In my estimation, the philosophy behind Win 8 is the ability to deliver it as a service to any device you own, as long as it is a Microsoft device.  The ability to deliver this service, known variably as Desktop as a service (DAAS) or Virtual Desktop Interface (VDI) is controlled solely by Microsoft. Service providers can only provide these services in the user purchases their OS first, then pay for the service of delivering to them to their various devices.  Only Microsoft retains the ability to lease the software to consumers on a per device basis.  Unless you are familiar with this market, it is another over-reach by Microsoft.  

So not only has Microsoft pissed of the consumer and their serive provider partners, the enterprise IT folks are just as peaved. Managing Windows 8 in familiar ways is gone.  Let's say you want to deploy Win 8 desktops for corporate users.  Mind you, 99% of corporate users are not very tech savvy.  Their IT departments have spent untold hours making their user's desktop interface as simple to use as possible. Things like placing shortcuts to applications on desktops, and only those shortcuts, plus maybe IE or Chrome or Mozilla, etc. There is a scant toolbox for doing this in Win 8.  And the fact that prior to Win 8.1 there was no way to boot to a desktop exacerbates the issue. In effect Microsoft was forcing their corporate users to use the Metro interface.  Now I am an IT person and I am pretty tech savvy by definition.  If I struggle with this interface, you can be sure the nominal user will be totally lost.  What IT department has the time and the manpower to cmpletely retrain their employees on how to simply access files through an Explorer interface, or easily start Outlook or Word. The stupidity and bone-headedness of Microsoft cannot be underestimated here. And it is time they are severely taken down a few notches.  In my estmation the only way to do that is through their pocket book and that means class action lawsuits.
mcsnert
100%
0%
mcsnert,
User Rank: Apprentice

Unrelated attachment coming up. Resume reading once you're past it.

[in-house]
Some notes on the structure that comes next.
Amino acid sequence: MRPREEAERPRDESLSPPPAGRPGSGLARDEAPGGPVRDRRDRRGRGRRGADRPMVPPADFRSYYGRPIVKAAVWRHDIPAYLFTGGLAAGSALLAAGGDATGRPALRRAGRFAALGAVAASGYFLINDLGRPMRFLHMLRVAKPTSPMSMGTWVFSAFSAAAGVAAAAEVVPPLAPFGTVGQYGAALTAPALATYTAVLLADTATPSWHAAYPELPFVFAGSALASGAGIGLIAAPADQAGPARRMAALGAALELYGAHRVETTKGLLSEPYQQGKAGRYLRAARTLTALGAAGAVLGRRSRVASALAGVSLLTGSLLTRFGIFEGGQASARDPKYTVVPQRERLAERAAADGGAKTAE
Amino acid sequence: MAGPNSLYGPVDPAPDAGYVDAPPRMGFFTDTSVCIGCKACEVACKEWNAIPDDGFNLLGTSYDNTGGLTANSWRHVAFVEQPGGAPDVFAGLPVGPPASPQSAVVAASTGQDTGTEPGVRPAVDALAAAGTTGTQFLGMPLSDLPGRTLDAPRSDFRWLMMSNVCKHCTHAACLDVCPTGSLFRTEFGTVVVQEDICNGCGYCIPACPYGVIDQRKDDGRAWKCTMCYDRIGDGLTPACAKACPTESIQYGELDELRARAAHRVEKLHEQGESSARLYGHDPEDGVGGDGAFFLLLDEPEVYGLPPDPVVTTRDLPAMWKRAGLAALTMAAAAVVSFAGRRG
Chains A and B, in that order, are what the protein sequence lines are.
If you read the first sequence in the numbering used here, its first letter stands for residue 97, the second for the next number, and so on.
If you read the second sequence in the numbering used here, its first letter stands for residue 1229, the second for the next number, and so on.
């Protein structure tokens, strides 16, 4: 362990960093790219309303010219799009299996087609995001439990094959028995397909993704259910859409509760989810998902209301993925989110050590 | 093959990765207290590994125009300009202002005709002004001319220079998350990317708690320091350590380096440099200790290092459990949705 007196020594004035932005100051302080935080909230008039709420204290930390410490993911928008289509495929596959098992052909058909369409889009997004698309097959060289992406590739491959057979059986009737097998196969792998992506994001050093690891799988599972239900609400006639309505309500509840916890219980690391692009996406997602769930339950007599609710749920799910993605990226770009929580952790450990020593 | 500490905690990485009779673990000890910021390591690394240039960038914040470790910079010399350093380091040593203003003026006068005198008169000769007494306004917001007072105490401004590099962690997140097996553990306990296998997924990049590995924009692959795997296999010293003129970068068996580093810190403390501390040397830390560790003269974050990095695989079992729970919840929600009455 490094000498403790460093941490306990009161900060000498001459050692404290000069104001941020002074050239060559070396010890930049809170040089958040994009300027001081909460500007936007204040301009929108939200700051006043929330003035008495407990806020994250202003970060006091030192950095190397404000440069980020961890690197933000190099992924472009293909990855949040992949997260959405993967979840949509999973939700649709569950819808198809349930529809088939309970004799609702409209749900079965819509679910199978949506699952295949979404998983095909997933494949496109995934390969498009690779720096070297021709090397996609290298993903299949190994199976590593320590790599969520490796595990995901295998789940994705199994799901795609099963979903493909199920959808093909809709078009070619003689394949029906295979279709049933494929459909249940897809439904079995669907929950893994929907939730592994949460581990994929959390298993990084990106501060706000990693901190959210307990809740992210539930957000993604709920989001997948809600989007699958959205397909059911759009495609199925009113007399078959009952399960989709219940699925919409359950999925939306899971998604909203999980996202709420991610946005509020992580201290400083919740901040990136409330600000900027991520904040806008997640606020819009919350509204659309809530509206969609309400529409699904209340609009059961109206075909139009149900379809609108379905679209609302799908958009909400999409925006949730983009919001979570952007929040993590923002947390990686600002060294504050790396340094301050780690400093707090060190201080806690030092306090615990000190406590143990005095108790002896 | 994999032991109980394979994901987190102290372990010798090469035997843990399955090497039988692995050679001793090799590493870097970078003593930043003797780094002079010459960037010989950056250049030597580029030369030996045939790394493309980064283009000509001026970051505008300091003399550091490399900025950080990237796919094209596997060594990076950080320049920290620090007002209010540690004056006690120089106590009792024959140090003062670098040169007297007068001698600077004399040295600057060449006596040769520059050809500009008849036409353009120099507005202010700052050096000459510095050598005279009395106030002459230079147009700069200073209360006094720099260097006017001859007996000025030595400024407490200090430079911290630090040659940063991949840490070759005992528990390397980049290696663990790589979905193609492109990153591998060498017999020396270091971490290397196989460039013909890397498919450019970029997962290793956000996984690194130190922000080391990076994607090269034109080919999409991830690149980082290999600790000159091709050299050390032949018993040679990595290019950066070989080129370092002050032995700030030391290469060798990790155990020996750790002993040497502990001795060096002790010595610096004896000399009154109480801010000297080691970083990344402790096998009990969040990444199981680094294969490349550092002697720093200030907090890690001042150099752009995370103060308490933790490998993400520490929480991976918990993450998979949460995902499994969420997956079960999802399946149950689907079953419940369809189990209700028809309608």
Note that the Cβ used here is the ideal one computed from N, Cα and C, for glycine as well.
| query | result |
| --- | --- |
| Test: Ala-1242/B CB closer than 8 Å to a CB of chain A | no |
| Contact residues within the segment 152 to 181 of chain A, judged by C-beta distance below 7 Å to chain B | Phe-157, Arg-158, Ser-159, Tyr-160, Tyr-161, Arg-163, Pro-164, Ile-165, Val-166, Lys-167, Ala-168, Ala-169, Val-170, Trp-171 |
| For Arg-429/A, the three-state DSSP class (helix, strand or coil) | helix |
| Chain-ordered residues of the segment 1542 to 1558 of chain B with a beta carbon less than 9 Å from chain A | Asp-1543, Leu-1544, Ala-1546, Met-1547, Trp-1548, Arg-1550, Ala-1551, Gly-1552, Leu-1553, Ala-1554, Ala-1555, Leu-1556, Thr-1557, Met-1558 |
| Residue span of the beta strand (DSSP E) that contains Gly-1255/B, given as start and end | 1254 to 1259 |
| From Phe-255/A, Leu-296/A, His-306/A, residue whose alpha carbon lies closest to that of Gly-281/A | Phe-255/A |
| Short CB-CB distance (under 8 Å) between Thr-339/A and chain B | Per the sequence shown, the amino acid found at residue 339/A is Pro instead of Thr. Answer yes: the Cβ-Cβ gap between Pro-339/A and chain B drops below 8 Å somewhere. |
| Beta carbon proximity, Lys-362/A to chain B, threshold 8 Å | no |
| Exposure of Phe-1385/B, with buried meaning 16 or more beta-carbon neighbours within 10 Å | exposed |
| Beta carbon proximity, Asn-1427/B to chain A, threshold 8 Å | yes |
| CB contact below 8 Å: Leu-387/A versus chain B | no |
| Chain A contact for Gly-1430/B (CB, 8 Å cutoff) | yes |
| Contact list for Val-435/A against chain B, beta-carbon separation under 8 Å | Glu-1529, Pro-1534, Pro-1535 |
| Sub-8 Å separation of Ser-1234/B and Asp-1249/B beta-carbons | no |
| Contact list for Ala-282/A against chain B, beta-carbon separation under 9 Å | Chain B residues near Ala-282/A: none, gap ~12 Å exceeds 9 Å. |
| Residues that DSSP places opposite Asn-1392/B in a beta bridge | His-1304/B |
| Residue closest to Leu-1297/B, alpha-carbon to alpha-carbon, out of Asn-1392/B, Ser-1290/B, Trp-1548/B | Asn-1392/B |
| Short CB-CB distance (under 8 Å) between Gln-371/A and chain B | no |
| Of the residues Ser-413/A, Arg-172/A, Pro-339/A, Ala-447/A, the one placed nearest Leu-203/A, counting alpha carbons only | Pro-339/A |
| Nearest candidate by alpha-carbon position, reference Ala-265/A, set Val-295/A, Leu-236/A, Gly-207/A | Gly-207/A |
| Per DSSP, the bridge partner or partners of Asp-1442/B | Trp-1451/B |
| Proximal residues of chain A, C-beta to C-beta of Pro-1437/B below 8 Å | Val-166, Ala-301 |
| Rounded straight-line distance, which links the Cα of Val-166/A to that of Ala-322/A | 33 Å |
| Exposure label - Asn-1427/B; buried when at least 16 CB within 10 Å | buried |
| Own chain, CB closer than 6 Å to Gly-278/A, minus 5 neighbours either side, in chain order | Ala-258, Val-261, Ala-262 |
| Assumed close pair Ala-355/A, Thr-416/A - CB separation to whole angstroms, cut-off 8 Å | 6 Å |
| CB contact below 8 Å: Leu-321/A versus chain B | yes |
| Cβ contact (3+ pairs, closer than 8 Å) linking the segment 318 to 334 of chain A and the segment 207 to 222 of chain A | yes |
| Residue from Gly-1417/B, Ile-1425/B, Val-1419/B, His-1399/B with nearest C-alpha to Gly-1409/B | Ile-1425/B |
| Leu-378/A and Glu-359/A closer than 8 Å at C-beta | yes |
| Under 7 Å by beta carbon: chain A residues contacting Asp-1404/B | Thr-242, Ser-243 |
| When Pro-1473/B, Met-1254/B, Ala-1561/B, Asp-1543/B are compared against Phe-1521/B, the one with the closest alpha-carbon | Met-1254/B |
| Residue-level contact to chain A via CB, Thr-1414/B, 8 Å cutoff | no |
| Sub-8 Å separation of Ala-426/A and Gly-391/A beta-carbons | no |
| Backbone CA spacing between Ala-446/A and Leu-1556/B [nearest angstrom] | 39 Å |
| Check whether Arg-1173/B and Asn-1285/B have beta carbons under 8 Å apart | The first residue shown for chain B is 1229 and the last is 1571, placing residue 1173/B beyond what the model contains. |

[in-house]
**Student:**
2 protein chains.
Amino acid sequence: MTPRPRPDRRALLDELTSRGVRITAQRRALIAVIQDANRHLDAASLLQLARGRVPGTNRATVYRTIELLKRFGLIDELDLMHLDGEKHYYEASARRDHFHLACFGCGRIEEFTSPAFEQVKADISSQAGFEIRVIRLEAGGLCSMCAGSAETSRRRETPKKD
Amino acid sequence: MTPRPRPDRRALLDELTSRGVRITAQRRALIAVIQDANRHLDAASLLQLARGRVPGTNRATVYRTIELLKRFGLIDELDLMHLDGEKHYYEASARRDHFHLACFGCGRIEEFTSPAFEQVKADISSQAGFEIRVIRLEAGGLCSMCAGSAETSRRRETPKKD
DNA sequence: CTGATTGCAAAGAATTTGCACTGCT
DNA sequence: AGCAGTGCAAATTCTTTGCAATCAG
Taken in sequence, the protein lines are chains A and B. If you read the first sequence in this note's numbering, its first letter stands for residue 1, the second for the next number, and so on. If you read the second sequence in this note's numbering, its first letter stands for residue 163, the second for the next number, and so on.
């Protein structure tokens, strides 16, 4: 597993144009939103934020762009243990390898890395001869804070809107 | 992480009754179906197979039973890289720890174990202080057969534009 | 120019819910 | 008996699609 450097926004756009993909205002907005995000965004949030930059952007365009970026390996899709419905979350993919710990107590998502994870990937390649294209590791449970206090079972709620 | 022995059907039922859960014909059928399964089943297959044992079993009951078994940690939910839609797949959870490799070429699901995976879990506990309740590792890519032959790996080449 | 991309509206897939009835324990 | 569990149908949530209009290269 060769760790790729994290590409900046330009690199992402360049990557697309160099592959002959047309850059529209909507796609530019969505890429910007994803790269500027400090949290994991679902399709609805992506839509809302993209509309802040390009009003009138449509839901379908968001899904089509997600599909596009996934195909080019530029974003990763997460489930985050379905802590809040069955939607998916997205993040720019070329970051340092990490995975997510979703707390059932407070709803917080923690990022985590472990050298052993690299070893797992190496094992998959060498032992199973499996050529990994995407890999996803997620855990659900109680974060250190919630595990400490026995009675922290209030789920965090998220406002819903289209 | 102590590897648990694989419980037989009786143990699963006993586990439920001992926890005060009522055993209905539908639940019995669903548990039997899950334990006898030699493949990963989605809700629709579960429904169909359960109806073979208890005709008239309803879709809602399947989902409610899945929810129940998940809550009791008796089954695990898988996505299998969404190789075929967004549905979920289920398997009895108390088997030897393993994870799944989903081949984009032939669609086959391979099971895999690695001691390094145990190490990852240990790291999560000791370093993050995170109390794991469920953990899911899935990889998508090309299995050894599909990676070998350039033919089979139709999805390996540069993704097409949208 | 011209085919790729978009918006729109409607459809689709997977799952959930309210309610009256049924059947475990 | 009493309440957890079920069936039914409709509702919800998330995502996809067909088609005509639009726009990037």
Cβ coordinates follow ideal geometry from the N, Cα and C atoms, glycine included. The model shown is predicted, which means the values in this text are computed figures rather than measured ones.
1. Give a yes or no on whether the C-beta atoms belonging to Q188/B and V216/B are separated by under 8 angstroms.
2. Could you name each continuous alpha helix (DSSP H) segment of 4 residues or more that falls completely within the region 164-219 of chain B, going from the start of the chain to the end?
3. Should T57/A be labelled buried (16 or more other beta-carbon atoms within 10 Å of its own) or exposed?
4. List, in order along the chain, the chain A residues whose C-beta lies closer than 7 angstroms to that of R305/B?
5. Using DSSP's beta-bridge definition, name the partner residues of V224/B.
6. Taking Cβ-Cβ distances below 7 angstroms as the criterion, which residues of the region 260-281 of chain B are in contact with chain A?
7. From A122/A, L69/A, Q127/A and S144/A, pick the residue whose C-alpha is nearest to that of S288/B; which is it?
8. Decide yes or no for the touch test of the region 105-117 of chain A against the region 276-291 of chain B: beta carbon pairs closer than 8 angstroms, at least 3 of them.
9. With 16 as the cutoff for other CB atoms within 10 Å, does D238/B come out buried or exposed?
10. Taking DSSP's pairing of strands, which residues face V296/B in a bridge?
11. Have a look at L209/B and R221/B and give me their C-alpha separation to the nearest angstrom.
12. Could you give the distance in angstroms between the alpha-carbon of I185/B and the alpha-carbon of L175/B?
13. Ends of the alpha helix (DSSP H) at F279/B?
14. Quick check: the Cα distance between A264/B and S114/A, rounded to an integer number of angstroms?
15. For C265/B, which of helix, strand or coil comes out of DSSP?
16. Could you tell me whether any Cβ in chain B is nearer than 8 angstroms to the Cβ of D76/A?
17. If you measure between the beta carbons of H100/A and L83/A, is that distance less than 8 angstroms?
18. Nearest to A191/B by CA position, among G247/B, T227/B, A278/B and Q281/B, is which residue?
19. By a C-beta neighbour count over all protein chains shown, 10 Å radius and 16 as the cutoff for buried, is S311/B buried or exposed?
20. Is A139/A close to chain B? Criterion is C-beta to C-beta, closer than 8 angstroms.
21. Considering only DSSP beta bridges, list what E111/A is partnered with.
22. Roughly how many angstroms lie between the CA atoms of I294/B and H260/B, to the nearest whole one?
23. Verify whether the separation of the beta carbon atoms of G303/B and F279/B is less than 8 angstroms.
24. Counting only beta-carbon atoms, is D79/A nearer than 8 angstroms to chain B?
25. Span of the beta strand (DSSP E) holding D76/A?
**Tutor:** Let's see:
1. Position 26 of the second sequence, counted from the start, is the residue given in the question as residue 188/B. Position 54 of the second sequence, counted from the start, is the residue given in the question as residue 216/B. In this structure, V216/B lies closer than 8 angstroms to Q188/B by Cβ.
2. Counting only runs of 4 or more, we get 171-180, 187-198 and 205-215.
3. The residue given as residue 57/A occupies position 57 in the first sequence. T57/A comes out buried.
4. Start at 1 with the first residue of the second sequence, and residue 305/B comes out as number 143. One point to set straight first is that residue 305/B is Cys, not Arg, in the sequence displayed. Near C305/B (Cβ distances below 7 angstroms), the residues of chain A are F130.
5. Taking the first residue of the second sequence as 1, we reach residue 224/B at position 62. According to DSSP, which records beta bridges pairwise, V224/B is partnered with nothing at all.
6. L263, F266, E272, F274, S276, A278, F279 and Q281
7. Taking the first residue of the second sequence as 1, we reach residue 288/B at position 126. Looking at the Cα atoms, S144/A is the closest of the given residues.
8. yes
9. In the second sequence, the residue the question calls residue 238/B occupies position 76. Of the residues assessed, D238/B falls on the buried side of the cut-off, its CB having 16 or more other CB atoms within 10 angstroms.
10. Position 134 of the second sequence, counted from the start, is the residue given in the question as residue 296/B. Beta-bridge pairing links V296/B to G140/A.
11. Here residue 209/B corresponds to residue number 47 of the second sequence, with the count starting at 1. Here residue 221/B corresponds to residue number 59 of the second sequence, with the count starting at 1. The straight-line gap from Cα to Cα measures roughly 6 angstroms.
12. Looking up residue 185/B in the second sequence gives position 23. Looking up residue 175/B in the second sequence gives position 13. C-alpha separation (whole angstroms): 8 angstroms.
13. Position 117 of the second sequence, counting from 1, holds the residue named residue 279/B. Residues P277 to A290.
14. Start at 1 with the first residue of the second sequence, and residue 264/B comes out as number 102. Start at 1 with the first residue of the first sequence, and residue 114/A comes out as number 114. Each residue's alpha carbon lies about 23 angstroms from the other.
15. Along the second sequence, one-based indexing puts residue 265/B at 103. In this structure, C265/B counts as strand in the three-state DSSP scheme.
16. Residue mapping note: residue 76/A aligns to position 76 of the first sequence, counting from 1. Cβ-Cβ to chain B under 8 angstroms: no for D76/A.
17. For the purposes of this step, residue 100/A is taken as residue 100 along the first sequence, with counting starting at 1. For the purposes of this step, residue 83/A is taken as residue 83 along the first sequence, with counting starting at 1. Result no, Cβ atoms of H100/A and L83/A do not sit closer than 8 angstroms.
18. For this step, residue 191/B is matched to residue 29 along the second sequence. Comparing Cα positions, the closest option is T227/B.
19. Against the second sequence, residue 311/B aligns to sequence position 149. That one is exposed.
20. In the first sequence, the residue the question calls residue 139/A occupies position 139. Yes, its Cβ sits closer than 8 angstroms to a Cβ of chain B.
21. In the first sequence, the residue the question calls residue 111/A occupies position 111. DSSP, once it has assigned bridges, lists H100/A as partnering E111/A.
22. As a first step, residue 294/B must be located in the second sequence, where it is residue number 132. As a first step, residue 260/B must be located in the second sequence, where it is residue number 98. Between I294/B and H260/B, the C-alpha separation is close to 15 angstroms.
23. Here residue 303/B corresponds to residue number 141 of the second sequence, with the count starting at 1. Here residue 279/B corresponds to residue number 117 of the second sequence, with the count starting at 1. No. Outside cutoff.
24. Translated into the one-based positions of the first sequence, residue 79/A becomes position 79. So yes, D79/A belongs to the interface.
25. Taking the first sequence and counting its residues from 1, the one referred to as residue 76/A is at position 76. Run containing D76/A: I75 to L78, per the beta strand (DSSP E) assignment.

4/27/2014 | 12:29:09 PM
Re: More reason's why Steve Ballmer retired
It cost me $70 to install software to recover the data and applications Microsoft deleted without my knowledge or consent. How's that for a start? How about basically forcing users to use a Microsoft account to access their dekstops.  I have plenty of Microsoft accounts, but I have no desire to notify Microsoft everytime I log on or off of my own personal desktop on hardware I own.  It is none of their business. I prefer to use other services for what Microsoft offers, such as Google Drive, etc.  I don't own a Microsoft phone or tablet, and it is doubtful I ever will.  Microsoft's creeed is to try and force the user into a mold they may not want to fit into and they do it without the user's knowledge of the options or consequences. It is corporate averice at its worst and will only be challenged when Microsoft faces severe fiduciary costs for this horrible and offecnsive behavior.

I hope this answers your question.
TeaPartyCitizen
50%
50%
TeaPartyCitizen,
User Rank: Apprentice
4/27/2014 | 12:51:54 PM
Leaving MS with only a 4% share of mobile is not a "solid foundation"
A foundation like that would look like a piramid turned upside down.
anon0216885350
100%
0%
anon0216885350,
User Rank: Apprentice
4/27/2014 | 1:41:43 PM
Steve Ballmer's retirement
Mr Ballmer didn't retire, he was shown the door.
A. Wolf
100%
0%
A. Wolf,
User Rank: Apprentice
4/27/2014 | 1:43:51 PM
Pretty sure the ten reasons were these.
DEVELOPERS, DEVELOPERS, DEVELOPERS, DEVELOPERS, DEVELOPERS, DEVELOPERS, DEVELOPERS, DEVELOPERS, DEVELOPERS, DEVELOPERS.
anon0216885350
100%
0%
anon0216885350,
User Rank: Apprentice
4/27/2014 | 1:53:37 PM
Re: More reason's why Steve Ballmer retired